The Father has been a long awaited play at the Cheltenham Everyman so my hopes were high. They had been advertising the play for months and the flyers covered in five star reviews were all around town. And with the topic of the play so close to my heart I was desperate to see it.
The play follows the relationships around 80 year old Andre, played by award winning actor Kenneth Cranham, as he faces a serious bout of Alzheimers. His loving daughter cares for him for days.
The story is shown from Andre’s point of view, you see the world through his mind and eyes. This allows massive amounts of sympathy for the character as you are given such a clear yet in-depth understanding of how Alzheimers patients experience day to day life.
The unique structure and format of the play emphasises the symptoms of the disease. Lots of character swapping and out of order scenes illustrated the loss of time perspective and difficulty to recognise and remember familiar faces that occurs when experiencing dementia. To add to this furniture was often moved and lost throughout the play to give an indication to how confused Andre would be feeling.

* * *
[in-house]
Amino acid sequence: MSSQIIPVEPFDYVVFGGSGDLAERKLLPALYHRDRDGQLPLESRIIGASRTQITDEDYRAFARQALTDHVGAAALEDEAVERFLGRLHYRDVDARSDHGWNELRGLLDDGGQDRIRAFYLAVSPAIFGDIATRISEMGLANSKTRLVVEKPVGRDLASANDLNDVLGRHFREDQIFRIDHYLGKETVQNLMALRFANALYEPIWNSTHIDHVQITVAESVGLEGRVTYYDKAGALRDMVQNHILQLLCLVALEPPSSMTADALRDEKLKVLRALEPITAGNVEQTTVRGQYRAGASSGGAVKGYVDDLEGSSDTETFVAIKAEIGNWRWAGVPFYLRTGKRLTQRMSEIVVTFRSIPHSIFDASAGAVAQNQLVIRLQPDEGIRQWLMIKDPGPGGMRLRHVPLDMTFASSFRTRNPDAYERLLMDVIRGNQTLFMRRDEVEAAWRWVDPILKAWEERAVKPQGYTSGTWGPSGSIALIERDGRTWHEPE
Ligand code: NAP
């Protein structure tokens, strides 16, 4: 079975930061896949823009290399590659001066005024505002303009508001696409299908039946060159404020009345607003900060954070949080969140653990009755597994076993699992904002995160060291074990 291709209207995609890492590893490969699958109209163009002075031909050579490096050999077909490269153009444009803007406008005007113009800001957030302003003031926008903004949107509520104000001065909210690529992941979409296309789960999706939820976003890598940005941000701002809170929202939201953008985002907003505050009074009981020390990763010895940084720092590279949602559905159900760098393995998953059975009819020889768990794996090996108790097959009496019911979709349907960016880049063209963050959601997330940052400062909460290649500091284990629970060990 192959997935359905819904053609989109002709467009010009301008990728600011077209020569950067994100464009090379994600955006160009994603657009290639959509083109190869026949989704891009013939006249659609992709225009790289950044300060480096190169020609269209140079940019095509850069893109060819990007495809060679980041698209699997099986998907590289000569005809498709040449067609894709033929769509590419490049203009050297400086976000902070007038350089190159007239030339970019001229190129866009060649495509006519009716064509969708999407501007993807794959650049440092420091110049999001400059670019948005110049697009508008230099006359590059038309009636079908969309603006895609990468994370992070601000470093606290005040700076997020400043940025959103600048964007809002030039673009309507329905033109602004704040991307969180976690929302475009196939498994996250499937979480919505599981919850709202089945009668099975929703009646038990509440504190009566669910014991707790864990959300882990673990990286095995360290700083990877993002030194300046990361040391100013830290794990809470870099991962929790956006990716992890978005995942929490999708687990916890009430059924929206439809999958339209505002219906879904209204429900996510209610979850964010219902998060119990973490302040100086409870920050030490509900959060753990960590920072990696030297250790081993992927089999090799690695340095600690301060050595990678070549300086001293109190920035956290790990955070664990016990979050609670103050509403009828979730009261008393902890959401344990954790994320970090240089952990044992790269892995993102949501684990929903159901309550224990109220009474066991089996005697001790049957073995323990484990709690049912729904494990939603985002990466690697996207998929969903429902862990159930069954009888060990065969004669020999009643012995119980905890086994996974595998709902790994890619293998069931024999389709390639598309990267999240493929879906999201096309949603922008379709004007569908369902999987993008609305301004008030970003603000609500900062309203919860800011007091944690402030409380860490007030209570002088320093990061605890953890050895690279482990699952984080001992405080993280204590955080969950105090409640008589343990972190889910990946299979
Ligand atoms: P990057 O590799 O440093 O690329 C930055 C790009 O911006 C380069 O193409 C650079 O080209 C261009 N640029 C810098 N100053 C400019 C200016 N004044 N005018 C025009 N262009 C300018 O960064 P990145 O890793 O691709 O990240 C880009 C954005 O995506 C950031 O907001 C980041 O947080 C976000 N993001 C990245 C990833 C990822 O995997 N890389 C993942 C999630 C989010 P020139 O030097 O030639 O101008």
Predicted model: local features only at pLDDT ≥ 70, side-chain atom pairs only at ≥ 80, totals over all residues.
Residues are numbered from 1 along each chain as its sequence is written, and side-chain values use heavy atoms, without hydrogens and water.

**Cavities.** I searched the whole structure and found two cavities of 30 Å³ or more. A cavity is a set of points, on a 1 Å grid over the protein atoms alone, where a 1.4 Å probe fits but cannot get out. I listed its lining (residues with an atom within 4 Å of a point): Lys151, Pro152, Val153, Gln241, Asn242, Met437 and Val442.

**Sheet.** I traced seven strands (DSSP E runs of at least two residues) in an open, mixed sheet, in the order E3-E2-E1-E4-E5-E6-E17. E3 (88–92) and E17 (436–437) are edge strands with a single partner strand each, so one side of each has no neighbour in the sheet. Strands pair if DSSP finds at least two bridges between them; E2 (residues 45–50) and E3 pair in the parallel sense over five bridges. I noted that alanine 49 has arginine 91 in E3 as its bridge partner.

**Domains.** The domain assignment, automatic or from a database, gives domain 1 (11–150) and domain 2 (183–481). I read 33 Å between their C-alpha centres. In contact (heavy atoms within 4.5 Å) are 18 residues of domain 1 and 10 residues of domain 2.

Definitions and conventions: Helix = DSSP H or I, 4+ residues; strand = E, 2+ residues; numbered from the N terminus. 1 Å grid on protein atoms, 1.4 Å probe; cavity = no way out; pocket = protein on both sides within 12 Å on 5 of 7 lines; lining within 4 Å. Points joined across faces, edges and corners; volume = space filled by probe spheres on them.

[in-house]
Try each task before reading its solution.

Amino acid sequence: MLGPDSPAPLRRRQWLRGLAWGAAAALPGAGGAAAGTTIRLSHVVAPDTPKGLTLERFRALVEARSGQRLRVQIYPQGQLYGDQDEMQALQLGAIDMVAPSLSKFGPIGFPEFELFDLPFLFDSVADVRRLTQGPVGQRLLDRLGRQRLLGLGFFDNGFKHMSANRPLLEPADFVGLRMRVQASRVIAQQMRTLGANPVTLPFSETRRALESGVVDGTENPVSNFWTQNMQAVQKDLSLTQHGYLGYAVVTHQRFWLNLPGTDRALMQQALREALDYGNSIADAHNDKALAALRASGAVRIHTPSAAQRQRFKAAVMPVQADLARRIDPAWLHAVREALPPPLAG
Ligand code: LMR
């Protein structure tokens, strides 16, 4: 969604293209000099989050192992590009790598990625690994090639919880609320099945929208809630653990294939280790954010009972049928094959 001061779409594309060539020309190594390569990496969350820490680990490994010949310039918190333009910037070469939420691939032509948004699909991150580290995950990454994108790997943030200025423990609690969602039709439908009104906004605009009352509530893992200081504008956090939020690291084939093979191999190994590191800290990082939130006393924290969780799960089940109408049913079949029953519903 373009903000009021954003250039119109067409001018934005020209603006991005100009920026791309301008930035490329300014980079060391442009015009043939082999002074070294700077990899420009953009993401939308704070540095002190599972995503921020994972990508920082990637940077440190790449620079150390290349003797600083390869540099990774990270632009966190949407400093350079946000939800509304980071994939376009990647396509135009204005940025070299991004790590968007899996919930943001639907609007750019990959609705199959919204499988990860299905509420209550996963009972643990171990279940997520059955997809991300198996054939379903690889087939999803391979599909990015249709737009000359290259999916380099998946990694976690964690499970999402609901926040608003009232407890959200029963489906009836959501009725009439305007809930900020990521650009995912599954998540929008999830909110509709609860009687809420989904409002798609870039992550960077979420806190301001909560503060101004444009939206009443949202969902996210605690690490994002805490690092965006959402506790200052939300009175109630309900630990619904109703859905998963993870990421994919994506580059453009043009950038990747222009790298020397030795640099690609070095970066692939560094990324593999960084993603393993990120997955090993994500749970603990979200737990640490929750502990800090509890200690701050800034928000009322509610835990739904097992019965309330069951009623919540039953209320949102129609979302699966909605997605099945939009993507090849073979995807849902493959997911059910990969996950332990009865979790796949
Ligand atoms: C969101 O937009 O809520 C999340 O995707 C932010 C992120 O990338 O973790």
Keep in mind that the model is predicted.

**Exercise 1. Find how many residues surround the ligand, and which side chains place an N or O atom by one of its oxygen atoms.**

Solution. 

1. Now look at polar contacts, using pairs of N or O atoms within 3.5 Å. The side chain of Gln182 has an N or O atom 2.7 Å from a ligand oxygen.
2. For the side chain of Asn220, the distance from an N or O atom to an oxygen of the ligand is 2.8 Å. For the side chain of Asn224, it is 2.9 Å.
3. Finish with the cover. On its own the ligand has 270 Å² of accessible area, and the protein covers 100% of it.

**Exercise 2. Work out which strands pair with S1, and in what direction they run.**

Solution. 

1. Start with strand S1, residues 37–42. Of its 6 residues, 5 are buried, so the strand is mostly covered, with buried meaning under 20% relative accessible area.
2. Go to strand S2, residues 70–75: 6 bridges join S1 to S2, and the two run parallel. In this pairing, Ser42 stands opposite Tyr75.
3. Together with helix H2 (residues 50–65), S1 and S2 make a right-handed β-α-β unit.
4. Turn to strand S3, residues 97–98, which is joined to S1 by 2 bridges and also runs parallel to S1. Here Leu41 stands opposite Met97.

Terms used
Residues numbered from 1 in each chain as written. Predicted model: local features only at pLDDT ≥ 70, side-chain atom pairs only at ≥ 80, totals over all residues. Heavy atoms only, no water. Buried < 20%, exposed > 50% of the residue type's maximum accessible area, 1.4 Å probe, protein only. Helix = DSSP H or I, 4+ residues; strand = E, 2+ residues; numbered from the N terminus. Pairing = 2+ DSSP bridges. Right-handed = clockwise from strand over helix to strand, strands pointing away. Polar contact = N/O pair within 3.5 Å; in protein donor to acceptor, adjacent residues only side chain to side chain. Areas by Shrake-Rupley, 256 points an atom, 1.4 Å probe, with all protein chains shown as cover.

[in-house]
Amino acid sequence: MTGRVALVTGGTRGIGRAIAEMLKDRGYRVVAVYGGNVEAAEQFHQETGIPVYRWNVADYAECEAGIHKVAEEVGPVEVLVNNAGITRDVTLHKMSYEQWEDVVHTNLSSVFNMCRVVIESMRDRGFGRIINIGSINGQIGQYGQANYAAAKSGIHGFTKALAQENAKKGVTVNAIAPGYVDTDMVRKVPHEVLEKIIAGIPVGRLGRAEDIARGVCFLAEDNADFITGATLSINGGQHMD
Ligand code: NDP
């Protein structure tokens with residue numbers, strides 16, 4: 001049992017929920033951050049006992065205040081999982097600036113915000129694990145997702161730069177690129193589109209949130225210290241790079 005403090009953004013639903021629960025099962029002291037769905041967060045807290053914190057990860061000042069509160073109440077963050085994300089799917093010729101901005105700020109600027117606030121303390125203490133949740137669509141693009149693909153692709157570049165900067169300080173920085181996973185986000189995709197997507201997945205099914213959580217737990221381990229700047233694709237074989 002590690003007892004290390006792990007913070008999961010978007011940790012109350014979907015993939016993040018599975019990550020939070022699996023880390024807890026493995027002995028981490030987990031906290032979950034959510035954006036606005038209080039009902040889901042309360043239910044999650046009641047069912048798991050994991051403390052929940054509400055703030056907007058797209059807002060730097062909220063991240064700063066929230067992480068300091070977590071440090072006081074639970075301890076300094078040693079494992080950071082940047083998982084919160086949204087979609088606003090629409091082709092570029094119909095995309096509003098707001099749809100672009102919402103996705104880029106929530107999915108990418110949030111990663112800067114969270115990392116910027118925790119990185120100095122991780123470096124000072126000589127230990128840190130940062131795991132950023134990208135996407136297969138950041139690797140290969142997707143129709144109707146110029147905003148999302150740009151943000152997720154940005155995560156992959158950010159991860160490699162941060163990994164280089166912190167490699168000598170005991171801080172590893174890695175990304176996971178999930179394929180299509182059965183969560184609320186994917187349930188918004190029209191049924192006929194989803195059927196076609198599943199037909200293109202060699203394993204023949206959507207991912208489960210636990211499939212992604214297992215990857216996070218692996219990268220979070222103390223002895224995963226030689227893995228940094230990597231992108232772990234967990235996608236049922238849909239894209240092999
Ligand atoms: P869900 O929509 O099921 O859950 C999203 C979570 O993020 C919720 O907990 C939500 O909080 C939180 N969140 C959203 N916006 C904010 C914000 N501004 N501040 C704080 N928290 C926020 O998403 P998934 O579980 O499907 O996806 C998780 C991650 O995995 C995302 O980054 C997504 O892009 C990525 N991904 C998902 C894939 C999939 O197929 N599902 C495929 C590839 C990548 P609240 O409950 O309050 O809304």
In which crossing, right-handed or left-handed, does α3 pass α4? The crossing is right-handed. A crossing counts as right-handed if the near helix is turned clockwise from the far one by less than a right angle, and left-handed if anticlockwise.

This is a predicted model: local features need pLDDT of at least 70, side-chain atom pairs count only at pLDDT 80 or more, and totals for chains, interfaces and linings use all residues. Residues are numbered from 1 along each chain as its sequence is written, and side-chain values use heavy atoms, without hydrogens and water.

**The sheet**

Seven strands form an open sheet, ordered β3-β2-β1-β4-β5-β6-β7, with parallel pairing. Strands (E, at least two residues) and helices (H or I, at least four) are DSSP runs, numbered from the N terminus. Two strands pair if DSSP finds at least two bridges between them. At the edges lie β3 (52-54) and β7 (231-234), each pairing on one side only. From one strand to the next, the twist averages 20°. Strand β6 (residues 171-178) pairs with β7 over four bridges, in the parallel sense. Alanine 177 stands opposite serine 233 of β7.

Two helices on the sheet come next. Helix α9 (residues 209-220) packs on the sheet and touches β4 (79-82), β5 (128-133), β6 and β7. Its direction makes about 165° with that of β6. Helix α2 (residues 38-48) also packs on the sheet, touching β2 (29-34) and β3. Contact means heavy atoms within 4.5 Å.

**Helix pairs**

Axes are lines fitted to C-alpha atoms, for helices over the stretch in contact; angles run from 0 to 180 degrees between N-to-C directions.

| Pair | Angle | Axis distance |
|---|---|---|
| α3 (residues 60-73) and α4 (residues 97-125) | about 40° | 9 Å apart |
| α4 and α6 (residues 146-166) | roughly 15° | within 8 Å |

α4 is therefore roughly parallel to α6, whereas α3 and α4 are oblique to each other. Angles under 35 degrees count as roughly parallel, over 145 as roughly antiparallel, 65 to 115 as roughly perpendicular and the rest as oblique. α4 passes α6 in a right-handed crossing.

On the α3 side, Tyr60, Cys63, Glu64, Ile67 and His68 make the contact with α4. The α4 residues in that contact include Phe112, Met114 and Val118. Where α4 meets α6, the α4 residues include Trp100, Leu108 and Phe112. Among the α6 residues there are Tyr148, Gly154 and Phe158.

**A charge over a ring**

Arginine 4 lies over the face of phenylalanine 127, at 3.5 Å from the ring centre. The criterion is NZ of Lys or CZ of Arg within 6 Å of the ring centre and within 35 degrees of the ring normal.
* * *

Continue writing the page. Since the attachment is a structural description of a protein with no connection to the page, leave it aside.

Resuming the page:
Another way dementia is expressed is via the use of music and lighting throughout scene changes. The scenes finish abruptly with a black out and the outline of lights would light up to signify time passing, but accompanying this the music jumps and repeats after appropriate scenes, more so in the times he was struggling more.
Sympathy is not once asked for, yet Andre receives it endlessly, due to the view of the world from his eyes. You see how things make sense in his world but don’t fit with the truth. The striking realism of the play allows you to see the obsessive, paranoid, angry, childish and lost sides of Alzheimers.
The perfect balance of enough cryptic metaphors and Pinter-esque themes to get brain going, yet real and relatable enough to pull on your heart strings.